Exploring the Depths of Human Existence with Victor Nordland

Victor Nordland is a young photographer and videographer from Germany. His photos reveal more than just a superficial view of his subject. Perhaps because he has found in photography a language to transport his inner world to the outside world, his portraits convey a very unique, melancholic and poetic mood. With his large-format camera called "Clarice" he tested the LomoChrome Metropolis 120 for us.

© Victor Nordland and Gedeon

Hi Victor and welcome to our online magazine! Can you tell us a little bit about yourself?

Hi, I am a filmmaker and photographer from North Rhine-Westphalia. I try to explore everything beautiful and painful in human existence in my photos. Thank you for having me here in your magazine!

How did you get into photography? Are you more the typical photographer, born with a camera in your hand or did you only take a liking to it later in life?

I have worked with cameras since I was about 12 years old, but in the beginning only for video projects (stop-motion Lego films). I often had visions for photos in my head, but it never worked, although I tried again and again. Then I discovered my father's old Olympus 35 mm camera. It became clear to me very quickly that if I could somehow realise my ideas, it would have to be analogue. At some point I went through a difficult episode in my life, the only way I could express myself was through the camera. And so, from one day to the next, I suddenly discovered a new language for myself: photography.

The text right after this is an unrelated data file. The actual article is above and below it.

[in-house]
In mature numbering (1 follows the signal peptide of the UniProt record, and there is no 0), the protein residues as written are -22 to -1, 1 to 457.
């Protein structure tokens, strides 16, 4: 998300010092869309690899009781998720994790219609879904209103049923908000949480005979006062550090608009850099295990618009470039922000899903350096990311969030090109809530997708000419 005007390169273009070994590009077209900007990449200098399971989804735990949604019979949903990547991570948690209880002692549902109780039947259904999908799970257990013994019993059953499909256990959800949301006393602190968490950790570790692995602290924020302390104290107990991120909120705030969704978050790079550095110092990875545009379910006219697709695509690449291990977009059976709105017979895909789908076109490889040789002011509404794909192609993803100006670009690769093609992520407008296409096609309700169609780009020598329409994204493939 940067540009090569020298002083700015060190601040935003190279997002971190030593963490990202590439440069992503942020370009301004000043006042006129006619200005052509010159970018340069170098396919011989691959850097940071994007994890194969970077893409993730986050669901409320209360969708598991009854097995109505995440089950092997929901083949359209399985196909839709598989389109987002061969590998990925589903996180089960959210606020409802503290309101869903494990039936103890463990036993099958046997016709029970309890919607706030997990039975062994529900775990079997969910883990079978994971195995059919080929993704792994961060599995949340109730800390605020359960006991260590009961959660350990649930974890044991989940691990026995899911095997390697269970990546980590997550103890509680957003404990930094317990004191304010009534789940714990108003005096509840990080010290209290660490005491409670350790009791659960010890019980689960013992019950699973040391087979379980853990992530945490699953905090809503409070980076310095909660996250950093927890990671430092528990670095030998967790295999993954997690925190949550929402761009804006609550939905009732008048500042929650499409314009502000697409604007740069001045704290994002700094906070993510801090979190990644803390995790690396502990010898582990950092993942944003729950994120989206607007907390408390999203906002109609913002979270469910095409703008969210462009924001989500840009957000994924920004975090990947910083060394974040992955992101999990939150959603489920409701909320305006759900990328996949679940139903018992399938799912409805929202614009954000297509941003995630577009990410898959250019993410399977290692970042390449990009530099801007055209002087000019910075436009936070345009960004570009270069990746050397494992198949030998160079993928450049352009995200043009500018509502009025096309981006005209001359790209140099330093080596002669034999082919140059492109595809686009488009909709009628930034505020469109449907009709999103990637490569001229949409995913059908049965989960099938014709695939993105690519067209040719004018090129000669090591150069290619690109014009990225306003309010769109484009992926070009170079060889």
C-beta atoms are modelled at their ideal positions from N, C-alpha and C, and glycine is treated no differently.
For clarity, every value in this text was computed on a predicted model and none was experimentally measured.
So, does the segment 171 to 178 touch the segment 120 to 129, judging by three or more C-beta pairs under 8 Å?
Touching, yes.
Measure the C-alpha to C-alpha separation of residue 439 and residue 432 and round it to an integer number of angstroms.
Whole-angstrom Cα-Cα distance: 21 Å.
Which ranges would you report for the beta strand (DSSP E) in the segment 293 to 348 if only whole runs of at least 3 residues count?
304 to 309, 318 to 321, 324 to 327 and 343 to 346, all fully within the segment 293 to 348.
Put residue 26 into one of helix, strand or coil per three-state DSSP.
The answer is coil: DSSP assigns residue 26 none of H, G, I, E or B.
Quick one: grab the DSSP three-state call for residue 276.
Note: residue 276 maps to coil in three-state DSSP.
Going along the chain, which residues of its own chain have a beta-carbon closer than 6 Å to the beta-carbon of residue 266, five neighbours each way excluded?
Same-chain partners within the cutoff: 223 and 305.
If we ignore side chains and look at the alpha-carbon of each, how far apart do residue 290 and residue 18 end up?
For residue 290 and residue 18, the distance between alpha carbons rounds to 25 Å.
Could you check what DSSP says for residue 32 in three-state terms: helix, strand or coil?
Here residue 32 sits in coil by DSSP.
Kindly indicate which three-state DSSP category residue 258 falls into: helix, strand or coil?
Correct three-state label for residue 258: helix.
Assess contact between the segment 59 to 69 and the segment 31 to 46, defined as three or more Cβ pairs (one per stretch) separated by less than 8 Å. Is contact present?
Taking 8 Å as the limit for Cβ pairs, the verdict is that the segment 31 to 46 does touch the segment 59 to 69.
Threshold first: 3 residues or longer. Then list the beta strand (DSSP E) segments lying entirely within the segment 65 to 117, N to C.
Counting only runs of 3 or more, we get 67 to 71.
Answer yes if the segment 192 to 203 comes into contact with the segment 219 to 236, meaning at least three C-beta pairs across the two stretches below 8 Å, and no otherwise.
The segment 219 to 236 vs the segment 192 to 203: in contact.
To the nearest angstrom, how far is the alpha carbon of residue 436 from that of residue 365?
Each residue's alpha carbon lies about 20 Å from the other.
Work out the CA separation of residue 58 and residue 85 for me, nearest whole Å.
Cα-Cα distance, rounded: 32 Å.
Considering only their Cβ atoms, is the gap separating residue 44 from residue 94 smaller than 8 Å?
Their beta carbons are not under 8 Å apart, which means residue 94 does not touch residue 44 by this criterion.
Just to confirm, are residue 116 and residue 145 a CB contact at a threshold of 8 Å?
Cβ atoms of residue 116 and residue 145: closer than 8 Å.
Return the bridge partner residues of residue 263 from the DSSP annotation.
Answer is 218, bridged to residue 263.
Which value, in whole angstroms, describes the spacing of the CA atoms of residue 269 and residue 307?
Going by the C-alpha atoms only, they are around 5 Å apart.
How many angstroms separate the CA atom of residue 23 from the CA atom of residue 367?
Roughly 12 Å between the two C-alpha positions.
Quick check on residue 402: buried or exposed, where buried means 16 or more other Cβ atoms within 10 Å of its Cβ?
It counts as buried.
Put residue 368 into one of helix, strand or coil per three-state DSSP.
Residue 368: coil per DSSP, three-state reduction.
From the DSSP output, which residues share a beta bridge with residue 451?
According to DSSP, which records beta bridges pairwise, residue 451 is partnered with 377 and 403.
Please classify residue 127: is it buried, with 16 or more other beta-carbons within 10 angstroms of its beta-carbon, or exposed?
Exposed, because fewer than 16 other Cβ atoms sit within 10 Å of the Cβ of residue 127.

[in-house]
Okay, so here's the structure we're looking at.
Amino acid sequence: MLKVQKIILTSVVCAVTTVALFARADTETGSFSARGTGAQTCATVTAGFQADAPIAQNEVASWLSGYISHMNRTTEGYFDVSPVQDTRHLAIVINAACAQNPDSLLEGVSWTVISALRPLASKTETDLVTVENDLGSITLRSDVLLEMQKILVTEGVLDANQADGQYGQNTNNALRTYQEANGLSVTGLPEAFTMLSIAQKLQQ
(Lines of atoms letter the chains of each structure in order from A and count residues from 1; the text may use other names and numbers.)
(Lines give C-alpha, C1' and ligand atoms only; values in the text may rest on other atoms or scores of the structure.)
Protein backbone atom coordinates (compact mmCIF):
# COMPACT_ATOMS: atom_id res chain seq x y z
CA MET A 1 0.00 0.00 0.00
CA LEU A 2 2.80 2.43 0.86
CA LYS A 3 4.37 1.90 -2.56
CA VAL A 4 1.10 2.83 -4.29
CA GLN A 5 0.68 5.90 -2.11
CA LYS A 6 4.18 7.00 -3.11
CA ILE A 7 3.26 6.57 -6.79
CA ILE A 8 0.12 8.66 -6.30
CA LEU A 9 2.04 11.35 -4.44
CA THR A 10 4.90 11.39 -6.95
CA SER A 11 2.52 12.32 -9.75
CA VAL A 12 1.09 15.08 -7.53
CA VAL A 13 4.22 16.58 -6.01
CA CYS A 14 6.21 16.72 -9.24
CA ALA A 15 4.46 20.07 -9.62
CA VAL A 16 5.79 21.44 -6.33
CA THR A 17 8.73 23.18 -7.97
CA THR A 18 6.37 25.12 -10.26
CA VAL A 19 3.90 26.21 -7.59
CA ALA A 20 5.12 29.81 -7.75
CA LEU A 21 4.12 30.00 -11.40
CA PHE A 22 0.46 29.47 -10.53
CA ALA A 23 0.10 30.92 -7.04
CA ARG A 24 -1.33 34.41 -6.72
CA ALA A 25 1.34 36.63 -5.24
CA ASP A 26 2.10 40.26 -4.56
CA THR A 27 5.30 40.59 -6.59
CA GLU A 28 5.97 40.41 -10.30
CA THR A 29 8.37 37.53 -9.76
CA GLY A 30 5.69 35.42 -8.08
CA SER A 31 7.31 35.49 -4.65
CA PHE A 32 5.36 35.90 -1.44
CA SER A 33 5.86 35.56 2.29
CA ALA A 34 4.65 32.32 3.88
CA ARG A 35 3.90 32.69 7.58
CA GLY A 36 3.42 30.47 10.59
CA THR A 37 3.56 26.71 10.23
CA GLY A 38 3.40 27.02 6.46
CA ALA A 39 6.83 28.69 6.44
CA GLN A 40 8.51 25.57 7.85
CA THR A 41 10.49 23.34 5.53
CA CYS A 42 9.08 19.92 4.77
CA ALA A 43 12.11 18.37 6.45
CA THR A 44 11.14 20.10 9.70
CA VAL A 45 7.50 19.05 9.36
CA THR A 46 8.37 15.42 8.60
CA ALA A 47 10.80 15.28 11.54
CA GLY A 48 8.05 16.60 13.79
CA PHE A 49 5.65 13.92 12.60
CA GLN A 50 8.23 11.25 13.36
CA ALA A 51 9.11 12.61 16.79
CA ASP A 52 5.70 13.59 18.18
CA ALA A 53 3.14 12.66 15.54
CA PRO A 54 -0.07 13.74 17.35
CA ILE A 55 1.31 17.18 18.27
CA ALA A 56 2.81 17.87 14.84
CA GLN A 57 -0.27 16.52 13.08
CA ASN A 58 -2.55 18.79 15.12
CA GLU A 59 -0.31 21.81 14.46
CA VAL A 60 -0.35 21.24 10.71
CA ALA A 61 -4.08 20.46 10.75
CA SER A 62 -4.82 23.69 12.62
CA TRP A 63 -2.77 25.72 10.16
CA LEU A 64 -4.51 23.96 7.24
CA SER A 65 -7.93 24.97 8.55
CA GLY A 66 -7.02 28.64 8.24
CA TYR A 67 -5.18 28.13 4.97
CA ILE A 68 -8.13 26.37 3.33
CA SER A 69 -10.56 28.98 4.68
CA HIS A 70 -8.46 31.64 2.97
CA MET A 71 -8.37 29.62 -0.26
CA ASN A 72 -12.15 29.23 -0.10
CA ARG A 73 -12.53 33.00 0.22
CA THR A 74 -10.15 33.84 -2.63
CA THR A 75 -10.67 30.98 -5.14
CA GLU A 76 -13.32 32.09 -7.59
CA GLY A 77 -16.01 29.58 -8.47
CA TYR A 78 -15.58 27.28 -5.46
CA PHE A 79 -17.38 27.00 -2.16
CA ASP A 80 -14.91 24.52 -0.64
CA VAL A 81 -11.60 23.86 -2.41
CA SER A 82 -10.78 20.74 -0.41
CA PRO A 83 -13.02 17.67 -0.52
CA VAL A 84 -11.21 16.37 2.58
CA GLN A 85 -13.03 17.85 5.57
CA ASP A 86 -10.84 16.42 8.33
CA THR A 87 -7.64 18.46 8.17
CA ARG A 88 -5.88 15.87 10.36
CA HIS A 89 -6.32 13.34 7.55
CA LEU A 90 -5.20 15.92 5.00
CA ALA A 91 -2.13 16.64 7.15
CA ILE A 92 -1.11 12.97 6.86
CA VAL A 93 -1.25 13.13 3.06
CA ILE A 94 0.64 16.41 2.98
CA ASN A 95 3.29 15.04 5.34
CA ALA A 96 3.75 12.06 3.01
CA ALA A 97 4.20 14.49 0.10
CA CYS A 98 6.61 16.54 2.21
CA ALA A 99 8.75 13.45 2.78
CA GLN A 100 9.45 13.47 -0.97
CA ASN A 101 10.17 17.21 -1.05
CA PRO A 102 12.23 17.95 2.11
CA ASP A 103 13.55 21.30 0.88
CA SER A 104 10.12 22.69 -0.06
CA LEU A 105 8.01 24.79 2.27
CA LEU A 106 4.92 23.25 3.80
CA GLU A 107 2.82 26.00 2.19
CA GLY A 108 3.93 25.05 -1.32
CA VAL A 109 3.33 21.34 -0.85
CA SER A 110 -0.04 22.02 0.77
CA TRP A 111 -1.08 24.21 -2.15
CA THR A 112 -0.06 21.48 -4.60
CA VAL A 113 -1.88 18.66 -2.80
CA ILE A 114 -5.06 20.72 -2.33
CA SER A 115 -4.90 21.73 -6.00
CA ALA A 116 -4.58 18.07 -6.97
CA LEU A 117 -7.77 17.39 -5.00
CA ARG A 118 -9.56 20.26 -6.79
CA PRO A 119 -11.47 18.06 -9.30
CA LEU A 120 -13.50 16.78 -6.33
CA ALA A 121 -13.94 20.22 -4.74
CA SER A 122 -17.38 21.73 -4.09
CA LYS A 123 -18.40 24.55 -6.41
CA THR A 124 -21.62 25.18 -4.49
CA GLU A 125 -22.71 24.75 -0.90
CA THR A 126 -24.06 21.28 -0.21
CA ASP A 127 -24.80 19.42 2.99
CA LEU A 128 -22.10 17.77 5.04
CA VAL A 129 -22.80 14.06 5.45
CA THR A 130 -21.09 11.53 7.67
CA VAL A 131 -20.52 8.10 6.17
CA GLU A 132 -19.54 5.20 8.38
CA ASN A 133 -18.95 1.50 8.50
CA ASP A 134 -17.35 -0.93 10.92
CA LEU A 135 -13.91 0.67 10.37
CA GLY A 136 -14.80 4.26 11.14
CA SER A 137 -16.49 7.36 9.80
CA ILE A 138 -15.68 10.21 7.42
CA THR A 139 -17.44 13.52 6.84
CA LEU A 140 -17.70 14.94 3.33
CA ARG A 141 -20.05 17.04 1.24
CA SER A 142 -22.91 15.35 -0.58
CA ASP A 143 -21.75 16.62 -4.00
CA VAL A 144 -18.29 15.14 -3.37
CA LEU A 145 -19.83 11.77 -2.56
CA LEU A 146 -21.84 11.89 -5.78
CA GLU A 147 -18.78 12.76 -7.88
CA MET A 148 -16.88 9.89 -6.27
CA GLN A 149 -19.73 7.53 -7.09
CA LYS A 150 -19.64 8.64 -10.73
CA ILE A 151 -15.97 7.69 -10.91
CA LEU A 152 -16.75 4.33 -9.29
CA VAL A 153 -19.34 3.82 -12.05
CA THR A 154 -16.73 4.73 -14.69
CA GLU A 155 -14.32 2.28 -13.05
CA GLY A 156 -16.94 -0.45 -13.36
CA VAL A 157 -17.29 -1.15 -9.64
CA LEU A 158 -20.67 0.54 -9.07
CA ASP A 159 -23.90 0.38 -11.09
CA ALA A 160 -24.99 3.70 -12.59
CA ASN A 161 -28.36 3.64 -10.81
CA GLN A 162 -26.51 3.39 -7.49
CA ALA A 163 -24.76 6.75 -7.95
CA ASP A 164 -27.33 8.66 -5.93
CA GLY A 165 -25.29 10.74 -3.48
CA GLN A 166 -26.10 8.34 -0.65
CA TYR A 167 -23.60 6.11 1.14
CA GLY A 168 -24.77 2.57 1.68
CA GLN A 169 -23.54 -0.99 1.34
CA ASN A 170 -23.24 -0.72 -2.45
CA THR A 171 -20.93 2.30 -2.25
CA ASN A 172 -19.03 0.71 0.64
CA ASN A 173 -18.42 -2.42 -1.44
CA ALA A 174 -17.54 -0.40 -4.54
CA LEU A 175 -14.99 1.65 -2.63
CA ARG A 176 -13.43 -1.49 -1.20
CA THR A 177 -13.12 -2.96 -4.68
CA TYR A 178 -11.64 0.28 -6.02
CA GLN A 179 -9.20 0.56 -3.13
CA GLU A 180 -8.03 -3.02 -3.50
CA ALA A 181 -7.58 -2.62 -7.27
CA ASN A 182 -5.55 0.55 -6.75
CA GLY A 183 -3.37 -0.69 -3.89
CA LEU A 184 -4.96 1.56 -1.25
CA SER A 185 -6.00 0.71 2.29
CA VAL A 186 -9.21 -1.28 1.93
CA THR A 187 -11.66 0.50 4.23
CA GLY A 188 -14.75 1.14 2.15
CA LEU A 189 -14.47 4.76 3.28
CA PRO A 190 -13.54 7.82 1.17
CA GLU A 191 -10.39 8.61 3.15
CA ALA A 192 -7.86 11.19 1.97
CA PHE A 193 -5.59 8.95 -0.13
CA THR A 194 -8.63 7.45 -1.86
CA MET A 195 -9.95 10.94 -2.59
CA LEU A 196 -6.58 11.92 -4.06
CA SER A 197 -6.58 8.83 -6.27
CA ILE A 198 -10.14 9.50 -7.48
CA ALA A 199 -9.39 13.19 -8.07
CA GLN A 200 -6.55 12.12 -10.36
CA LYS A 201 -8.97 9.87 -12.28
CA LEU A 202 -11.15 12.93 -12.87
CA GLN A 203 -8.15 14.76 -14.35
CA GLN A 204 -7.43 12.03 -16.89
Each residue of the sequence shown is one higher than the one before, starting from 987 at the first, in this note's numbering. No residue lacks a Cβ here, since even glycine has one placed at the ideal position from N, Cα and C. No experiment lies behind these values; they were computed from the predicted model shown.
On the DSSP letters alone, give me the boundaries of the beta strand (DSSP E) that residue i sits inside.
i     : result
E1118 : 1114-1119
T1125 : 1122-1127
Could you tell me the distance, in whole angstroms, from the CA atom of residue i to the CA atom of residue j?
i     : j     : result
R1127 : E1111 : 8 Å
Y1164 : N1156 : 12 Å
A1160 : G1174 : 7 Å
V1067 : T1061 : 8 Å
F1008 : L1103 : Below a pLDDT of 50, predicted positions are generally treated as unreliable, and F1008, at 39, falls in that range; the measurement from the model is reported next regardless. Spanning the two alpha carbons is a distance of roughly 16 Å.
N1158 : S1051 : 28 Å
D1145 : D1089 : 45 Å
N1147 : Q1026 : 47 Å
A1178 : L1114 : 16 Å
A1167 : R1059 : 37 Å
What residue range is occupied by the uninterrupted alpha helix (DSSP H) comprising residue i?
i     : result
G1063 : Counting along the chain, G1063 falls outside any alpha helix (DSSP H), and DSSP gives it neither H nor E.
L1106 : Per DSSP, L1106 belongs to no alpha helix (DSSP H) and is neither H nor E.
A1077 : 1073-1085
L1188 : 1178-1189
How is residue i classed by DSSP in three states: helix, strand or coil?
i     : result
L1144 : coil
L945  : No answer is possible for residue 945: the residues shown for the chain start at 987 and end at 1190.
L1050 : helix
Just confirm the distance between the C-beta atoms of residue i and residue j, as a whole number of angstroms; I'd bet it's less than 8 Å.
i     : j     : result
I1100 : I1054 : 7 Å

How would you describe your style of photography? What inspires you?

The focus of my pictures is always the being. For me, photography, like psychology or anthropology, is a way to fathom the human being. I have a good understanding of people, and I see that there is a lot of pain in our existence. And everyone has to find their way through it. I try to depict people as they deal with it. Sometimes I also have the feeling that I am portraying myself through others. I love light in all its colours. I don't focus on how the light falls, but on how the colours embrace the person in front of me until they become... just colour.

© Victor Nordland with Anna and Gedeon

What's your favourite photo from the shoot?

The photo of the artist in her studio. I love how the film catches the light. The picture is also the best representation of the potential of the Metropolis film because it picks up very beautiful brown tones. And she stands there so beautifully and gracefully in all the colours, with the very cinematic edge light. It's one of the few photos that's really completely posed, but since she often works in the studio it's very fitting. I usually don't manage to take such photos "artificially".

What was your experience like shooting with the LomoChrome Metropolis 120?